CT House budget talks collapse; Senate to convene at noon


The Hartford Courant reports that Democrats in both the House and Senate broke party lines to support the Republican plan. Gayle Slossberg from Milford, all voted for the Republican budget proposal during a debate that was anticipated to send a Democrat-sponsored budget to the Connecticut House. Representatives were in session until early Friday morning but went home without taking a vote.

The state's annual budget is about $20 billion a year, and lawmakers have been grappling with how to close an estimated $3.5 billion budget deficit over the next two years. Speaking on the Senate floor, Doyle said he had to do what he thought was right.

The Republican budget got early praise from state business leaders at the Connecticut Business and Industry Association.

The GOP plan relies heavily on changes in state employee pensions after the current state union deal ends in 2027. "It's why I began inviting all legislative leaders - Democrat and Republican - into my office a year ago, well before this session began". "My leadership is furious with me and is churning out one amendment after another, hoping that one gets approved so that the bill has to go back upstairs to the Senate".

Senate President Pro Tem Martin M. Looney, D-New Haven, said that he asked two of the three if they'd made up their minds shortly before the Senate convened, and was told his colleagues were going to wait and decide after the debate finished. Hartford officials have said that city could be pushed to the brink of bankruptcy. "It's not a Democrat or Republican thing for me", House Speaker Joe Aresimowicz said.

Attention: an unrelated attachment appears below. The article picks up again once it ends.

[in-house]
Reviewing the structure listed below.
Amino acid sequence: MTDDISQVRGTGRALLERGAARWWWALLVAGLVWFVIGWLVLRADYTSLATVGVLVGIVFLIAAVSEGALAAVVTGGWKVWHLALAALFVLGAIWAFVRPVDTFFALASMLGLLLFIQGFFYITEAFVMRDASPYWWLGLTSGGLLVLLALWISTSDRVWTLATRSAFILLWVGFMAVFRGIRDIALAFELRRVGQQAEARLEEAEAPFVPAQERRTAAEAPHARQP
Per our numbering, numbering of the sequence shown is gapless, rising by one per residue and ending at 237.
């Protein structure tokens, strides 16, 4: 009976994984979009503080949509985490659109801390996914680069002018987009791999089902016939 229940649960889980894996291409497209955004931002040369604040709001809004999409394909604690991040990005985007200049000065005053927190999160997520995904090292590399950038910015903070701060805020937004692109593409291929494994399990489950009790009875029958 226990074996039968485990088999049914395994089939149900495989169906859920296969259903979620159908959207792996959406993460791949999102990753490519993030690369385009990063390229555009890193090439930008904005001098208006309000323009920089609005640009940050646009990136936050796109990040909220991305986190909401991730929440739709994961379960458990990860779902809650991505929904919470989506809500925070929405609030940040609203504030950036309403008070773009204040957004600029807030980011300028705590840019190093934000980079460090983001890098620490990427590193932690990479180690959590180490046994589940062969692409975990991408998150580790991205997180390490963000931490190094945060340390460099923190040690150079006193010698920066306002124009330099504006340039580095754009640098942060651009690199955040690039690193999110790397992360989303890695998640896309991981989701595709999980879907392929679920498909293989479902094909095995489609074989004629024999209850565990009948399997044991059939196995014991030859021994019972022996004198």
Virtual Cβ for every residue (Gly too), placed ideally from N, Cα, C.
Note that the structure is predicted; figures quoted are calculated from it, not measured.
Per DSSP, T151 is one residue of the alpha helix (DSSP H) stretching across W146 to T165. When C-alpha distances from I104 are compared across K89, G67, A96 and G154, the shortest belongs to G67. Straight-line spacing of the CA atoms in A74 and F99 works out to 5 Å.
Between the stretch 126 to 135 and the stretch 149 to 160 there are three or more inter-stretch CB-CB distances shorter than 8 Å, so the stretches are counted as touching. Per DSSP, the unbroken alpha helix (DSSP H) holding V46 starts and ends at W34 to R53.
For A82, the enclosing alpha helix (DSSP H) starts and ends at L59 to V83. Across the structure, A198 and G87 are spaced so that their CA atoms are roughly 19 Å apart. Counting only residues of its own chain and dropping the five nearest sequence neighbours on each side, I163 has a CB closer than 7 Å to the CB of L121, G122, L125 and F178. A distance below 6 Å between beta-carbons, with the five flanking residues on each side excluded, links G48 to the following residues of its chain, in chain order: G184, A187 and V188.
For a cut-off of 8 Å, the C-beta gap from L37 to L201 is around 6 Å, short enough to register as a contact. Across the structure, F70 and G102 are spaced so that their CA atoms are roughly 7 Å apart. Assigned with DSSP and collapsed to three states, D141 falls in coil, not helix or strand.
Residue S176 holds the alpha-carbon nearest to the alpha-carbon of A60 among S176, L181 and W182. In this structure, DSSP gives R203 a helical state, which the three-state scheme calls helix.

The series of events means the state will continue to operate under the executive order Malloy signed June 30, and revised in August, for the foreseeable future.

"That's not good for the cities and towns that I represent that's for sure", Larson said, adding that there are no plans for the Senate to reconvene prior to October 1, when the cuts are scheduled to go into effect.

"Republicans worked so hard, producing a almost 1,000-page document of cuts, prioritized spending, and structural changes", she said in a press release.

Democrats, who hold a one-vote majority over Republicans on the committee, voted 26-25 in favor of the revenue estimates over the objections of the minority party. She said it would lead to the closure of UConn Health and the elimination of several majors, graduate programs, many Division 1 Athletics programs and worldwide programs.

"This revenue plan is an indication that we're desperate", he added, citing the 49-cent cellphone tax as an example. The GOP proposal passed by 21-15 vote in the Senate.

"It relies on too many unrealistic savings, it contains huge cuts to higher education, and it would violate existing state contracts with our employees, resulting in costly legal battles for years to come", said Malloy, "if the responsible solution I negotiated with Democrats isn't going to pass, then it is incumbent on the legislature to reach a new agreement soon - one that is realistic and, ideally, bipartisan".

Gov. Dannel P. Malloy issued a mid-afternoon statement Thursday urging legislators to compromise and adopt the new budget.

Doyle said after the vote that he wants the legislature to "move forward with a bipartisan budget".

"But it isn't a shift for me".